I’m always happy to read feedback about my (limited, I admit) work on FreeBSD. This X.org work has been running for quite some time and is my most significant contribution to ports.
I don’t like being rude to people and I think most of the people I’ve been working with on FreeBSD can confirm I’m a quite cool and helpful guy, open-minded about other systems. While FreeBSD has been my OS of choice for the past 7 years, I’ve never been a zealot, I’ve often recommended some GNU/Linux distributions rather than FreeBSD, just because when you come from Windows, Ubuntu (for example) is just easier to get installed and running.
Anyway, I came across a blog entry today and while I can understand that people may be wrong about some FreeBSD stuff, I’m not expecting those people to make strong (and completely wrong) statements either. Funny thing is that the blog is called “Opensource and Strong opinions”. Let’s rename this “Utter Bullshit and Strong opinions”.
So here’s my answer:
Ok, so two things that might be of interest to you:
- FreeBSD source is branched, FreeBSD ports are not. What does that mean? Well, changes committed in the source tree go to HEAD (or CURRENT) first, except very rare occasions like security advisories or commits related to code having been removed from HEAD. With this commit may be associated a MFC (Merge From Current) delay, if the committer plans on merging the change to STABLE branches (right now, the supported ones are RELENG_6 and RELENG_5). Once that delay has passed and the committer thinks the code has received sufficient testing and/or review, the code is merged to RELENG_* branches of his choice. This doesn’t exist with ports because there are no branches (well only one, which is mainstream). Ports are not associated to any source branch, then saying that “X.org 7.2 never went into 7-CURRENT” is an absolute non-sense.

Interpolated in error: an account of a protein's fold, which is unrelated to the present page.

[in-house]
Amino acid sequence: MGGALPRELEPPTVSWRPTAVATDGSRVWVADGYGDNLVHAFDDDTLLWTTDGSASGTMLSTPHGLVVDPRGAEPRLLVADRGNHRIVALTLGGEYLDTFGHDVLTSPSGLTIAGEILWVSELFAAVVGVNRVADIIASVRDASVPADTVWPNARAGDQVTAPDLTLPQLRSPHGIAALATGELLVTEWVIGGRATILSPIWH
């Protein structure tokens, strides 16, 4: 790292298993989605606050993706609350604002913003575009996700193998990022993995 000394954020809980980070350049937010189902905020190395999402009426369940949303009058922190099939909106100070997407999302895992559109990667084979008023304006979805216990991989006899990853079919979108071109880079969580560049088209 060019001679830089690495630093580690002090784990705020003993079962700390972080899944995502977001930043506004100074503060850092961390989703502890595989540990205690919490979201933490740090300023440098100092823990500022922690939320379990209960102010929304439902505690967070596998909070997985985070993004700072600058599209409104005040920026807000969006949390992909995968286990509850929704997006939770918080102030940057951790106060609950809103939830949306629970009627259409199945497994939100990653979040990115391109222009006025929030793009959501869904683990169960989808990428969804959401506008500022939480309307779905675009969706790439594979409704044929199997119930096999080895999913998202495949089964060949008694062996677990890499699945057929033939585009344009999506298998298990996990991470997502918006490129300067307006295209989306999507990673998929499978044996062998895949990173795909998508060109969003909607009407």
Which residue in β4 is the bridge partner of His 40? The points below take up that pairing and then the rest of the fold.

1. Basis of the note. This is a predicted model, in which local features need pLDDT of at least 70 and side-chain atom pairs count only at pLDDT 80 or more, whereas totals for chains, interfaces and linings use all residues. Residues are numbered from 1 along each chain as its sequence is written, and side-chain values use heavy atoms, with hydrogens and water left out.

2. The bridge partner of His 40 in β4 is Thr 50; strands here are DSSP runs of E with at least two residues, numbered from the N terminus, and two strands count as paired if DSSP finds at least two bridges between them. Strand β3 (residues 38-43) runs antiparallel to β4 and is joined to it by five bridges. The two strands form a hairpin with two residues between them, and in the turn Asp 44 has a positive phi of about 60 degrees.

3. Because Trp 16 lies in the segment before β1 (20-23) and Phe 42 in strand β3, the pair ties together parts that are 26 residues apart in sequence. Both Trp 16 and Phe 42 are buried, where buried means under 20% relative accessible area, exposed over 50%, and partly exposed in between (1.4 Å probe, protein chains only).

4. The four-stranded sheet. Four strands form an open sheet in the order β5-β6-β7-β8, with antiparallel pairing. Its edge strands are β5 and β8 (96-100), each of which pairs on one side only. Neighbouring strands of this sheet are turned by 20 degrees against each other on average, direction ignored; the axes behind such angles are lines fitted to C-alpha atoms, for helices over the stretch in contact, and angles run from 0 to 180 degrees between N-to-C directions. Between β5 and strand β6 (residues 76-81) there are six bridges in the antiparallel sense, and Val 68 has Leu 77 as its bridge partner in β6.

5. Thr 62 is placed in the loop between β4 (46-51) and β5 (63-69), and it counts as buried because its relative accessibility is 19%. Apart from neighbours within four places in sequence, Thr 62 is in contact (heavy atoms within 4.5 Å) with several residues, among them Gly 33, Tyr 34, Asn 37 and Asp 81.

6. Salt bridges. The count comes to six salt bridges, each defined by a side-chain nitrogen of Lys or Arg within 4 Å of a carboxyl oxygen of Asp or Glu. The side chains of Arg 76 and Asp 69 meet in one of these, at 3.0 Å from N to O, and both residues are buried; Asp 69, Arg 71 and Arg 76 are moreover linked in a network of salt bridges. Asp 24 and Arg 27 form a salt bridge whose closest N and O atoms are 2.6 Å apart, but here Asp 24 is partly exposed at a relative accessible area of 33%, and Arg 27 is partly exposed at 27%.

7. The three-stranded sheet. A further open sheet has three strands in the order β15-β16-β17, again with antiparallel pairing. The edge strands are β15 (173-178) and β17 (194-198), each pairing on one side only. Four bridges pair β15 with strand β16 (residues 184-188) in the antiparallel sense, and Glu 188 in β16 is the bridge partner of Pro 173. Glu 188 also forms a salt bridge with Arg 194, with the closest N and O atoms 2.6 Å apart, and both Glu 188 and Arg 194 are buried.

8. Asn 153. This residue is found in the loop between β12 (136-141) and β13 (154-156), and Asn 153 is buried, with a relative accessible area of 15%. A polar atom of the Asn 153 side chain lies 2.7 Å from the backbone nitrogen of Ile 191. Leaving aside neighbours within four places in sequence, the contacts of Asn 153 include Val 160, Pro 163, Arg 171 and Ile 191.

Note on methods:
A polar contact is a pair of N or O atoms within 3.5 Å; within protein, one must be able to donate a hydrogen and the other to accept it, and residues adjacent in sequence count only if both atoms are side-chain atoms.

- Reading manual pages doesn’t hurt. I hate portupgrade, but right now, it’s one of those tools you simply can’t avoid using when dealing with large numbers of ports. People will argue that portmaster is getting better and better but IMHO, it’s not ready for prime time (Doug Barton is working on it on a regular basis, so this might happen soon-ish). So if you want to replace a port with another, you’ll be happy to now that there is such an option (-o). Admittedly, the description can be a bit meaningless to the neophyte, but there’s a really good EXAMPLES section at the end (and it’s worth reading, I can’t stress that enough).
I’m not going to take your points one by one and explain you what to do, because I think I wasted already a lot of time on this blog entry.
If there’s only one thing you should remember about my post, let it be that bashing is authorized, but please get a clue first. Otherwise you’re just making an ass of yourself.